Barclays is going to report a profit in its forthcoming accounts. We know: it has already said so. And how did it achieve this feat? By abusive accounting, of course.
Sure it has written down some assets (although no one in the market seems to believe they have done it properly). But they've also used the rules of fair value accounting to write down their own debt too. As the Sunday Times notes:
In the second half of last year Barclays is likely to admit to write-offs of potentially £3 billion to £4 billion against the carrying value of assets and loans. However, it will set these off against a series of exceptional gains. There will be some £2.6 billion against a fair-value adjustment in bonds that the bank has issued. There will be a further £1.5 billion benefit from negative goodwill resulting from the acquisition of the US operations of the American investment bank Lehman Brothers.
In plain English, it means that its liabilities in terms of overvalued assets are matched by writing back other assets. It implies its underlying performance is strong and that the bank is still making good money. In addition to this, the Financial Services Authority has relaxed the tier-one capital ratio from 10% to 6%. This has created a £20 billion cushion to help Barclays weather the storm.
That is the reason why the bank is saying it doesn't need to raise additional capital.
Note though: Barclays owes exactly as much as it ever did. It's just used trickery to revalue its obligations. The situation will reverse as Barclays' debt approaches maturity. Today's profit will be tomorrow's loss in that case - meaning in my book that provision for that loss should be made now - completely negating this wholly false book keeping exercise.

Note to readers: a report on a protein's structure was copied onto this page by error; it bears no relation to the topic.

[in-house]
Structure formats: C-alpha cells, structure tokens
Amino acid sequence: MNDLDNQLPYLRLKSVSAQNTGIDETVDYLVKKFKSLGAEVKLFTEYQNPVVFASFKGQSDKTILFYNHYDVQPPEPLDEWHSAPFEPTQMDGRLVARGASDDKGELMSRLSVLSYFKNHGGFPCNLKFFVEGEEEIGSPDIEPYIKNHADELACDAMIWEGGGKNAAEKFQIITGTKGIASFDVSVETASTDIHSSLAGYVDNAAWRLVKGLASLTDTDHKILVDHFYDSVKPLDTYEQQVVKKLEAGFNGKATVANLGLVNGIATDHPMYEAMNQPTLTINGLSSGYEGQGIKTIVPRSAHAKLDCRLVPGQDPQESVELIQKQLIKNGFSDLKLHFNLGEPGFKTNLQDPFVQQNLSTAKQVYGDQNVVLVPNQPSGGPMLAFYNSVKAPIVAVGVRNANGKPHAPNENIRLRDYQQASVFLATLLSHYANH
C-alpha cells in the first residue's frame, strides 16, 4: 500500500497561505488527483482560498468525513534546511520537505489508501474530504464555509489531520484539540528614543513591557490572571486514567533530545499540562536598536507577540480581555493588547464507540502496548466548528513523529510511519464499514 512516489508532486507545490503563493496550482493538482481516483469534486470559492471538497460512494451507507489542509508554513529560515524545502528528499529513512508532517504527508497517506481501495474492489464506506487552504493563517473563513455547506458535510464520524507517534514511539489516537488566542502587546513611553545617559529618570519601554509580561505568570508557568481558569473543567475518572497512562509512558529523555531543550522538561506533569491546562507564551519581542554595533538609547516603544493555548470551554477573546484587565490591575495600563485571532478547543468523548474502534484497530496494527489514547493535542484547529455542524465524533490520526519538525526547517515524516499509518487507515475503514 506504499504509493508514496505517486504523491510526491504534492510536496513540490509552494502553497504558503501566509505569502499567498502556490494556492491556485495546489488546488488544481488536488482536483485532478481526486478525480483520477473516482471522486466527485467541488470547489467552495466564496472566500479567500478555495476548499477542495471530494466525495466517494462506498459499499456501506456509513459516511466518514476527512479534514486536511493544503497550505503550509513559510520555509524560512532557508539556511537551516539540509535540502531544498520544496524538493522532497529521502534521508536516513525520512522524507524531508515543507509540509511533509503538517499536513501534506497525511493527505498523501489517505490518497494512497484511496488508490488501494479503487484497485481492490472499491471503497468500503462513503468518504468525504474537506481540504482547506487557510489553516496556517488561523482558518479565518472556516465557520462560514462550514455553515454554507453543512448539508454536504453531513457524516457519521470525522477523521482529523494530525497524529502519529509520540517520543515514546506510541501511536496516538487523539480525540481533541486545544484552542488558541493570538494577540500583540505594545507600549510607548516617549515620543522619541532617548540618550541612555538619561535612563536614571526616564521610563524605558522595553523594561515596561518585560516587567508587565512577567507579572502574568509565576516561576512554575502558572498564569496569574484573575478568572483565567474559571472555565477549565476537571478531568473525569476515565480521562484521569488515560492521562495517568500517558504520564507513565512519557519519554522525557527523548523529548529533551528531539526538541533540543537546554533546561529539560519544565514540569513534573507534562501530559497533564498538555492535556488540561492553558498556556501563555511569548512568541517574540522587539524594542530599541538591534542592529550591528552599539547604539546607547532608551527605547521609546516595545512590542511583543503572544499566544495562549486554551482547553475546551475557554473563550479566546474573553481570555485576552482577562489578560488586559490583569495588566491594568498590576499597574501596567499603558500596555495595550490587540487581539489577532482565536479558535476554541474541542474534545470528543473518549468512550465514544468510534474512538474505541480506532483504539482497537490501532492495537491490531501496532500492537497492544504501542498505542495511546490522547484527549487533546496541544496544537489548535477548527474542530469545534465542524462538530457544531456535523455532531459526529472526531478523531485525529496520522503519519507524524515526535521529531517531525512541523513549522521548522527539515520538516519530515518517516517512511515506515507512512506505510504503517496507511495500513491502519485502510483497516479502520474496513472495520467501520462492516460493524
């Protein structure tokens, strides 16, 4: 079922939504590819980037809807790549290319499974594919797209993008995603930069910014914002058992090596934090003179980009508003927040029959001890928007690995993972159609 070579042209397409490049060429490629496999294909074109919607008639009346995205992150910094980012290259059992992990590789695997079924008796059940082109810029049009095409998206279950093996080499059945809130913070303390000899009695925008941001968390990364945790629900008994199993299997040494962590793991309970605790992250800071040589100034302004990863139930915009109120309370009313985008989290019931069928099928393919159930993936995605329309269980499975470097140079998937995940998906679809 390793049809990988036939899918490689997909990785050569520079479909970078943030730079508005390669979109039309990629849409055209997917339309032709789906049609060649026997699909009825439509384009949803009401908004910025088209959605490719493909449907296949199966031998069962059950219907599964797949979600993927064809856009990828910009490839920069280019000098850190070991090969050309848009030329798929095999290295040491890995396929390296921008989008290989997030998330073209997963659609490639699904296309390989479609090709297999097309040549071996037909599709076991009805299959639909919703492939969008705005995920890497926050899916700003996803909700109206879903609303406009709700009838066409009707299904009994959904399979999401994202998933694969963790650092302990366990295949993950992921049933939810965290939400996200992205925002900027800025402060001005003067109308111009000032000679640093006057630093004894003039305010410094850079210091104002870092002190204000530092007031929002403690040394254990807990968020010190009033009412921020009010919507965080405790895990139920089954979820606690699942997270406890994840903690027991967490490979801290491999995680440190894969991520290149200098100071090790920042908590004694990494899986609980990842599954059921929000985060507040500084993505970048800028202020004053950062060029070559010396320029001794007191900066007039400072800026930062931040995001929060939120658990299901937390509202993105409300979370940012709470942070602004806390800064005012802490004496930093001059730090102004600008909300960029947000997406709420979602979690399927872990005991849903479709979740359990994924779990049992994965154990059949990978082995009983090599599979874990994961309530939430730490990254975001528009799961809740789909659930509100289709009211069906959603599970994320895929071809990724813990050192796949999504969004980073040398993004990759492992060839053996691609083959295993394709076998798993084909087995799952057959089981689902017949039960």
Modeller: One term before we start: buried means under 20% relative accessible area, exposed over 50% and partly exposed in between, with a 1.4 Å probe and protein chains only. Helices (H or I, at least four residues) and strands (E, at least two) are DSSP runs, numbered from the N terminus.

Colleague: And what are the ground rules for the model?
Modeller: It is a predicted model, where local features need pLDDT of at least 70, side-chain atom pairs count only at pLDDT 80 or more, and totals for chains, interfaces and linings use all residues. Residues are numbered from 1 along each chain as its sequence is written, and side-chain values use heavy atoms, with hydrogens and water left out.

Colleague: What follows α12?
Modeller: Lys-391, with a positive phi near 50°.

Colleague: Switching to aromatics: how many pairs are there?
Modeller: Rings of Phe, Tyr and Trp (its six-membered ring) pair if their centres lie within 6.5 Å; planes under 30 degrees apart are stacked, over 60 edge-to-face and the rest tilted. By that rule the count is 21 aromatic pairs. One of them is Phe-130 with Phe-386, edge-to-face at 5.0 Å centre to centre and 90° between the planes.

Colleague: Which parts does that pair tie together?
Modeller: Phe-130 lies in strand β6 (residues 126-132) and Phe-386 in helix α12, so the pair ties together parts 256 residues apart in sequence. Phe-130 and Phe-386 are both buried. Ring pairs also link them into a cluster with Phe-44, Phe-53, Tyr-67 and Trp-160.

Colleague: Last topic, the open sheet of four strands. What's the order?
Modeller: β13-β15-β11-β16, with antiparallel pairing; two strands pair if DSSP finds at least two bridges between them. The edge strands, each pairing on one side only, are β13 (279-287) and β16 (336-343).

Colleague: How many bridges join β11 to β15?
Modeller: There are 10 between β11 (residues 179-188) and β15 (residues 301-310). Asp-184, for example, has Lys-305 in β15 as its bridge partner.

This is an example of the misinformation that Sir David Tweedie and the International Accounting Standards Board promote under International Financial Reporting Standards and yet no one seems to be profiling him as a major contributor to the credit crunch. They should. He was the man who let these banks book profits they had never made. He was the man who let them book their securitisation off balance sheet. He was the man who therefore allowed the massive growth of the securitisation market.
He got a knighthood for that. Right now financial services knighthoods are the surest signs of who the villains are. Perhaps he, Fred Goodwin and the others who were lauded should be stripped of them as symbols of the contrition they should, but apparently do not, feel. But I can't see it happening.